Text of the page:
I spent the 4th of July walking around Brooklyn, gaining my bearings, sketching, sound recording and adjusting to the heat before celebrating at a block party.

The 5th thus, began in earnest scholarship mode with a visit to the Department of Transportation in Lower Manhattan; a tall Manhattan-esqe building complete with vast foyer, bag scanning, marble finishes and banks of elevators.

I was there to meet Andrew Ronan of DOT to discuss the NYC Plaza Program; a framework for community organisations to partner with the DOT in order to transform underused streets into neighbourhood public spaces.

Note taking furiously for an hour I learned how the Program came into being, what work goes into making an active plaza, some of the spaces that have been created, how the application process works, the practicalities of the partnership and its current ambitions given it is nearly a decade old.

Originating in the Bloomberg administration’s 2007 PlaNYC economic and sustainability plan - which included the ambition that all New Yorkers live within a 10 minute walking vicinity of quality open space - the Program was launched just a year later and continues in place under the current Mayor, Bill de Blasio. Since then, 73 new plazas have been or are in the process of being created (52 are open to the public) with priority weighted towards neighbourhoods that lack open space.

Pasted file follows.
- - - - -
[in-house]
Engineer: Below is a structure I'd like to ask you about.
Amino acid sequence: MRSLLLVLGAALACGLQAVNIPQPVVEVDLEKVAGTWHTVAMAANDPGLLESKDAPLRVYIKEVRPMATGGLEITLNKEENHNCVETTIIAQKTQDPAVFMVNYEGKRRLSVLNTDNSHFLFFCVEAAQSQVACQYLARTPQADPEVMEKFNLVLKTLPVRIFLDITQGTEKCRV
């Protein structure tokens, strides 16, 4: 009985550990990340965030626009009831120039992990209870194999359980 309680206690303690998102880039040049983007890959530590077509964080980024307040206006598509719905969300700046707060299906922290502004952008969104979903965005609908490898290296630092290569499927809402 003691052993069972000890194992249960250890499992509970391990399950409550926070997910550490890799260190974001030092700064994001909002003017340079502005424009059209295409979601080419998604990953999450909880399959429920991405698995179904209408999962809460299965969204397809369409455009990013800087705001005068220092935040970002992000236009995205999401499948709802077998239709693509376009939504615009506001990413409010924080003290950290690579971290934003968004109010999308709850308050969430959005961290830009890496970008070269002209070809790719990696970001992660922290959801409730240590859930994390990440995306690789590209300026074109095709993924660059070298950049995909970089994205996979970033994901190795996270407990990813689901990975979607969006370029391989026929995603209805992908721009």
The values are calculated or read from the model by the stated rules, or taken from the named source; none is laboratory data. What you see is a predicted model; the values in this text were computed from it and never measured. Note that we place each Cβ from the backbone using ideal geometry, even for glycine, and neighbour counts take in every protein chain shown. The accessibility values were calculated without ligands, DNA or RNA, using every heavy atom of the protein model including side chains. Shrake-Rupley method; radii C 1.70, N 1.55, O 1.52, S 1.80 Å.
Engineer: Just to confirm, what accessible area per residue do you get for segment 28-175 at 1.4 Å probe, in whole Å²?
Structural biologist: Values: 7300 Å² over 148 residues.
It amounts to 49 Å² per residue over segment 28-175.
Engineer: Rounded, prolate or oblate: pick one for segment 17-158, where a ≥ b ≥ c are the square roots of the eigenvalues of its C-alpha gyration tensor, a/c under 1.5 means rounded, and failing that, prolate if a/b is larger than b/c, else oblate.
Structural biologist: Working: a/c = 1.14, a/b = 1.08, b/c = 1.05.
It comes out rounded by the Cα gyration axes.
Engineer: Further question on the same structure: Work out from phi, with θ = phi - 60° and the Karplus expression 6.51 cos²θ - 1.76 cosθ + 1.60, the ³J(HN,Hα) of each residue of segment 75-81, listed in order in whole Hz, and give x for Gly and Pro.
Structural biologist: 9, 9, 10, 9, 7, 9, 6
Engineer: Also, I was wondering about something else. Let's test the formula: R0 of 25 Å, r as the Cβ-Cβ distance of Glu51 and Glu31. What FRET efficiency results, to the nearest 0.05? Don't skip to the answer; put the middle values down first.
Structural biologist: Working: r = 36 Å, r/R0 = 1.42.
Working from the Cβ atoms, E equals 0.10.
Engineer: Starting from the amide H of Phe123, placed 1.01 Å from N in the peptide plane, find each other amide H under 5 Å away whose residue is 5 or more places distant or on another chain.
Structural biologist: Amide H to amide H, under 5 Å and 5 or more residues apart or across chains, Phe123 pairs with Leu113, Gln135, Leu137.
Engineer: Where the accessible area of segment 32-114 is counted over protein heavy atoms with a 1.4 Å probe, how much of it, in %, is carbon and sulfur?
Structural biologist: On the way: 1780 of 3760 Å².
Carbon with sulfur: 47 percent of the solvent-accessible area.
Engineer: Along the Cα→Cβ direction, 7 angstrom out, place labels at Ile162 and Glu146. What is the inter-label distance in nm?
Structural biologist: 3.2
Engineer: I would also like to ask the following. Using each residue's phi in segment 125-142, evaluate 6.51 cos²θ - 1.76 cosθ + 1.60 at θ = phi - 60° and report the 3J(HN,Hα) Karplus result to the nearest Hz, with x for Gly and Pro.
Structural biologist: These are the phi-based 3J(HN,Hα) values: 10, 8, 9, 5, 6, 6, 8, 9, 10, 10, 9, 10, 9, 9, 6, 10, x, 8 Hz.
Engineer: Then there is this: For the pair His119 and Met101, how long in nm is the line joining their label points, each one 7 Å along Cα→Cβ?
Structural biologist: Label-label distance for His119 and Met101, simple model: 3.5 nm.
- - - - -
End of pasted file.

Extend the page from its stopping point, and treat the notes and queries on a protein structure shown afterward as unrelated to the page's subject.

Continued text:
Plaza priority areas in the 5 boroughs - Source NYC DOT

In order to enter the competitive application process, a community organisation needs to be formalised within certain criteria - a necessary measure since they will be committed to managing, maintaining and programming the space for 9 years in exchange for DOT closing a segment of the street then funding the design and construction of the space. Such groups will generally have already expressed an interest in creating a neighbourhood amenity, and might be steered toward the Plazas Program such that, as Andrew explained, the receipt of their application is anticipated.

Beyond the contractual obligation, the community group becomes the face of that intervention which can be crucial in avoiding the pernicious charge of city sponsored gentrification (the new plazas are identifiable across NYC by their bonded gravel, granite bollards and coloured chairs). To that end, all projects within the Program begin with a minimum of 2 public consultations, one of which might form a kind of 1 day representation of what the plaza could be.

It is an excellent scheme that seems to work well as a kind of mediator between top down and bottom up with tangible results. It was heartening to learn that in many cases a group might go on to champion other local causes as they galvanise their core, gain in confidence and learn more about how to access relevant municipal assistance. I’m looking forward to visiting some of the completed plazas across the city.

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